Radiation that gives you super-strength instead of disfiguring or killing you, spider bites that empower you to fight crime instead of threatening your life with a potentially fatal allergic reaction: when it comes to superheroes we need to suspend a decent amount of disbelief.
But what about Marvel's The Avengers, the United States' largest grossing film of the year, which was spun up on many a home DVD player this Christmas? Just how much does science fact surrender to science fiction when it comes to the team of Iron Man, the Hulk, Captain America, Thor and Black Widow? Would it be possible to utilise real-life, workable technology to transform yourself into one of these characters?
It’s a six-person team, but there are only four actual superheroes in The Avengers.
We can discount Thor from the outset. No matter how hard we study, none of us are going to be born in another dimension as super-powered Norse gods.
What about The Hulk? David/Bruce Banner was the victim of an experiment gone wrong. Banner was caught by a blast of gamma radiation which somehow translated into being able to transform into a green muscular monster while under periods of extreme stress.
Gamma rays are the most energetic form of light and are produced by the hottest regions of the universe, generated by exploding stars. On Earth they can kill living cells and are used in medicine to zap cancerous growths. They would not, therefore, turn you into a green muscular monster and back again.
With Captain America all you’d need is some exotic steroids and limitless time in the gym. Oh, and you’d need a shield that was as effective in attack as it was in defence – capable of absorbing all impacts up to and including the hammer of a Norse god. But Captain America’s shield in the Marvel Universe is made of vibranium, a metal that exists only in the pages of the comic books, so that rules out Captain A.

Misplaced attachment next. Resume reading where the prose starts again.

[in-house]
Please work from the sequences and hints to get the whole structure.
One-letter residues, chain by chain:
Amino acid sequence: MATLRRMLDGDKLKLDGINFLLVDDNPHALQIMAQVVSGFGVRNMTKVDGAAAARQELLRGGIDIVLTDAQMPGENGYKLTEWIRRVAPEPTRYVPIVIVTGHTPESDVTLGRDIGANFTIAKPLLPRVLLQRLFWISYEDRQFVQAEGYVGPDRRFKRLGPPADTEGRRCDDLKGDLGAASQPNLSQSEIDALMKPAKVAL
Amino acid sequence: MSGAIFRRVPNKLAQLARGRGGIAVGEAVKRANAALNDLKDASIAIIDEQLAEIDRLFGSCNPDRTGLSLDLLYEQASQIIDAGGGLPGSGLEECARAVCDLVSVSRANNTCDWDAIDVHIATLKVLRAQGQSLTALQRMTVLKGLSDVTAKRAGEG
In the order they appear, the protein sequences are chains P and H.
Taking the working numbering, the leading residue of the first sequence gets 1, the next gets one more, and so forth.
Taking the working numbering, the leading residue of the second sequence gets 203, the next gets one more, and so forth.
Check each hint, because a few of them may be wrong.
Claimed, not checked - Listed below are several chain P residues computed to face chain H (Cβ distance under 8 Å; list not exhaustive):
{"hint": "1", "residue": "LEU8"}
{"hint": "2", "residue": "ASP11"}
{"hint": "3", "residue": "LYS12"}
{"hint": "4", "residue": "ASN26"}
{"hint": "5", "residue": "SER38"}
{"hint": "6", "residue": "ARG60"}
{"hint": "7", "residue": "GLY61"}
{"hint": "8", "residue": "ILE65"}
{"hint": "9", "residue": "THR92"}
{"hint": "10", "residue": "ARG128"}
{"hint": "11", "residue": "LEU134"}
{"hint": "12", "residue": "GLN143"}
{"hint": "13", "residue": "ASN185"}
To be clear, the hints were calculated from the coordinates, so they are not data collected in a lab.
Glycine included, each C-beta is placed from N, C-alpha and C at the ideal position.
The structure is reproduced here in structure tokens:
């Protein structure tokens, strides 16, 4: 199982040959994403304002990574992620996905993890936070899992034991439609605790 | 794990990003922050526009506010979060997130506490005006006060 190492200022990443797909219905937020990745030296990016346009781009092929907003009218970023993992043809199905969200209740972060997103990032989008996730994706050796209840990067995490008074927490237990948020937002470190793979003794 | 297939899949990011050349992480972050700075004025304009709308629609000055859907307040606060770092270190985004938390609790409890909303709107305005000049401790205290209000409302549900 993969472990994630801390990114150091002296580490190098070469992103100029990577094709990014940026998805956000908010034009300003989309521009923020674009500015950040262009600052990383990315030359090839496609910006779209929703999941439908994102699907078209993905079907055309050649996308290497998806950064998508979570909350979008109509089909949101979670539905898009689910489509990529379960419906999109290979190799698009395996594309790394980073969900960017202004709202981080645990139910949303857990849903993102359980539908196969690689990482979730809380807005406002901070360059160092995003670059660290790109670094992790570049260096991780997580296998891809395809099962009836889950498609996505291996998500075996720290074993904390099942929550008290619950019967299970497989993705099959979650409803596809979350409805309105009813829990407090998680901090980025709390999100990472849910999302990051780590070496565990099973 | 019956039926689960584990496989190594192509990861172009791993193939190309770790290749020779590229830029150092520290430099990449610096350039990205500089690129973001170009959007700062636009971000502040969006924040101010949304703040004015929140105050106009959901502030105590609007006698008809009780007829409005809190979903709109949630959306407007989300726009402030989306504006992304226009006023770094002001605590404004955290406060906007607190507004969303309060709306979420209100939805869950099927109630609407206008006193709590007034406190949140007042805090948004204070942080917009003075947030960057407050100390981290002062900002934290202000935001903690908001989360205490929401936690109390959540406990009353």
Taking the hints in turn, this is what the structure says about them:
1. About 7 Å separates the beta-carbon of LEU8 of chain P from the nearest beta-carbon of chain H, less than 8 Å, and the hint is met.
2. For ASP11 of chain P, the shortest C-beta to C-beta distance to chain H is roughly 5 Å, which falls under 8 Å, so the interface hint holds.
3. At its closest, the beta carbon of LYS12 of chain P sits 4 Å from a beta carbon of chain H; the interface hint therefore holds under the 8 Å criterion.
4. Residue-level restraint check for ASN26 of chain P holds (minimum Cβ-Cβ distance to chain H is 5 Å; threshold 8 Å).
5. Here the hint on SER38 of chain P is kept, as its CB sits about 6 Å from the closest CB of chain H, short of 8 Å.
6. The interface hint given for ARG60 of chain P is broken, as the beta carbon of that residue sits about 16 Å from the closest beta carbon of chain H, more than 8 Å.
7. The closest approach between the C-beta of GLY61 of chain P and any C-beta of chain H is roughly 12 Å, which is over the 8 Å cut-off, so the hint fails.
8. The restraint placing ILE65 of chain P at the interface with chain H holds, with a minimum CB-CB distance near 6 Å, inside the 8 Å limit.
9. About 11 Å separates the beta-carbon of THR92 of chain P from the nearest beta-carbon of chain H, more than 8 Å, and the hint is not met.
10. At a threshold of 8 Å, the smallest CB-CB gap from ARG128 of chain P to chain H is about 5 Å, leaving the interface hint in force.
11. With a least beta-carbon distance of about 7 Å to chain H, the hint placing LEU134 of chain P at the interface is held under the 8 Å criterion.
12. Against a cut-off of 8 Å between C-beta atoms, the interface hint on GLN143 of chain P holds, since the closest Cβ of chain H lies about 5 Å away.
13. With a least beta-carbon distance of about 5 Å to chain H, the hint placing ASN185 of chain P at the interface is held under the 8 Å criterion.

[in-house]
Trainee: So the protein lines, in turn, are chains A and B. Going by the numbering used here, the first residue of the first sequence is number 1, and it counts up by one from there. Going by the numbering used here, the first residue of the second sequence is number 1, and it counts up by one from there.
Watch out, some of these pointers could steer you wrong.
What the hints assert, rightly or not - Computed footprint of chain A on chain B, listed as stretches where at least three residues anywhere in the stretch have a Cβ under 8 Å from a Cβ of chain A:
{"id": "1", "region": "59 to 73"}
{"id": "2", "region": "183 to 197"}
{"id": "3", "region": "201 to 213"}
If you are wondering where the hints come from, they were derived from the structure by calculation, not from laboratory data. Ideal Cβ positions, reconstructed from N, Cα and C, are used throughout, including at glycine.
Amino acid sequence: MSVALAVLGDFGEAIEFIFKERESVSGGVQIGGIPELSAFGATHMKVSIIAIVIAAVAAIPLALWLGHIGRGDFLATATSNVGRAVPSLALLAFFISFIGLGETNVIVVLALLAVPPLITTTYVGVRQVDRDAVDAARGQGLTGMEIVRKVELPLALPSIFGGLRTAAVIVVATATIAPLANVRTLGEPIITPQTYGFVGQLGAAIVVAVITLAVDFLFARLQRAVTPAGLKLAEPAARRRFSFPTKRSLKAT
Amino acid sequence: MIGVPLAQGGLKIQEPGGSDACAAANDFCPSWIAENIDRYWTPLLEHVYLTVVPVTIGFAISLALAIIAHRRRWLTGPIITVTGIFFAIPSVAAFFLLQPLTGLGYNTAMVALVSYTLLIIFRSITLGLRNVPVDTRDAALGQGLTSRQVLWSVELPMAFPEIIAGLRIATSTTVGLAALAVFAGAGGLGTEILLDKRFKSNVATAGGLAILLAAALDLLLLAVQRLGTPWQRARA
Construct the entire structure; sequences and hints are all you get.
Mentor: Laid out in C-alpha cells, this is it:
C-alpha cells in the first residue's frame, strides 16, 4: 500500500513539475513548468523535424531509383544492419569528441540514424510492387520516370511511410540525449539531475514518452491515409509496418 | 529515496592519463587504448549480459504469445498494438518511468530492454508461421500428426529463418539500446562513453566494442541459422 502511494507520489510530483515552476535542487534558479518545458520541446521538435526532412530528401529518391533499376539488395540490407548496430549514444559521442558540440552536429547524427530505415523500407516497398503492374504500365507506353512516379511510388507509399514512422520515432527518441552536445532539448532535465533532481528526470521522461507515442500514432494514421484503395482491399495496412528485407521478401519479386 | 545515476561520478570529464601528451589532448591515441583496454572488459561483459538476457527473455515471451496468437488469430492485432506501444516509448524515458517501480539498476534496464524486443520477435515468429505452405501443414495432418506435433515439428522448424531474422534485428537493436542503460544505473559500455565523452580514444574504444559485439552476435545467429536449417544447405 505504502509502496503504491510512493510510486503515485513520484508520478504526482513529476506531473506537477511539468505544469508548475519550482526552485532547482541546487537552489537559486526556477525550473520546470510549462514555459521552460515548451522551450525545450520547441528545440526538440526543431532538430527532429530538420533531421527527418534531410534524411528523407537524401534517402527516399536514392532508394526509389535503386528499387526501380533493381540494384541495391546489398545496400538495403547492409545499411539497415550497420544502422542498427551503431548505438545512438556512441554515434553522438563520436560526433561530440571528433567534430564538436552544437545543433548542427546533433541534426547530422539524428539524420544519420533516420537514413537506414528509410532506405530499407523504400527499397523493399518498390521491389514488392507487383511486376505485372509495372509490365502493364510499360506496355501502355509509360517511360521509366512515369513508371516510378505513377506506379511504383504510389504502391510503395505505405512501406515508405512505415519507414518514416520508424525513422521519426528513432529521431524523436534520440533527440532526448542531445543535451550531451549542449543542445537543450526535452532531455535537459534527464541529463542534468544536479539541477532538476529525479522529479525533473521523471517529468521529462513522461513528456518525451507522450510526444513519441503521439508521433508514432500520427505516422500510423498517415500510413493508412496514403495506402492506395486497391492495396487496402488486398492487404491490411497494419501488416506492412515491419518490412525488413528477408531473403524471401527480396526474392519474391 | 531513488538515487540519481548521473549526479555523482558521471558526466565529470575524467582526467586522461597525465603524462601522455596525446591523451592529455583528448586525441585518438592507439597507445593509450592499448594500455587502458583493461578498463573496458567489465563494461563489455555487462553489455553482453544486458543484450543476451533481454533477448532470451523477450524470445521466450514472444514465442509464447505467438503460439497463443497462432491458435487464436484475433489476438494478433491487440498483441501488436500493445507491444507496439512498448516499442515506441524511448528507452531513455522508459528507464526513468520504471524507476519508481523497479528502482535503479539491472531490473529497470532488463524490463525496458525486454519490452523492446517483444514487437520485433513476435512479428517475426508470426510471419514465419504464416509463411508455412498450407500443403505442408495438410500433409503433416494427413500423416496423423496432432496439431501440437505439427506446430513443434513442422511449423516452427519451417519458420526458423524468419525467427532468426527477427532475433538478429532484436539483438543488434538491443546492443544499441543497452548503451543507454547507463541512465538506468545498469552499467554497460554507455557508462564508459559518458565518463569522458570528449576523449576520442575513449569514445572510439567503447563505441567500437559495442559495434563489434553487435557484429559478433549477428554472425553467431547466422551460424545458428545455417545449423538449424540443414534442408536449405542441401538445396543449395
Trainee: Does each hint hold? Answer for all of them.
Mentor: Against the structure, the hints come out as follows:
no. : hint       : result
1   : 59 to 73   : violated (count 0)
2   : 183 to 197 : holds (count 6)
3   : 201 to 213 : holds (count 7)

Of all the heroes, it seems that Iron Man is most based in reality. We already have exoskeletons, armour plating, and even propulsion systems such as jet packs.
The US Army has the Human Universal Load Carrier, developed by Lockheed Martin. It’s a hydraulic unit worn by a soldier and allows them to carry loads of up to 200lb (91kg), with the load transferred to the ground via the titanium exoskeleton’s shoes. There’s also the XOS originally developed by Sarcos, the Salt Lake City firm that has since been bought by US arms mammoth Raytheon. The firm says it is now is lighter, faster, stronger and more flexible than before - and uses 50 per cent less power.
But the kit that is currently available in 2013 is nothing like you’d see Marvel's billionaire engineer Tony Stark wearing: there’s no armour plating, flexibility isn’t exactly liquid and then there’s power - HULC runs on li-ion batteries that run flat after a few hours' use. Better take some spares, soldier.
Next, protection. The standard issue for troops, SWAT teams and general law enforcement today is Kevlar, chemically treated nylon specially woven into special patterns to make it more resistant to penetration. The tight weave makes for a cosy jacket but Kevlar is unlikely to withstand the kinds of aerodynamic pressures Stark puts his flying suit through and bullets certainly wouldn’t fly off it – it's more likely they’d just be embedded.
Then there is the armour option.
Stark's form-fitting armoured suit looks to be no more than 3mm thick, but with a density similar to iron (8g per cm3), James Kakalios estimates it would produce 26,200cm2 of coverage with a mass of around 67kg - and if you add in the weaponry and onboard computing, you'd have quite a hefty costume, something in the region of 76kg. Kakalios is a professor in the school of Physics and Astronomy at the University of Minnesota and a comic book book fan, and wrote Everything I needed To Know About Physics I Learned From Reading Comic Books and The Physics Of Superheroes.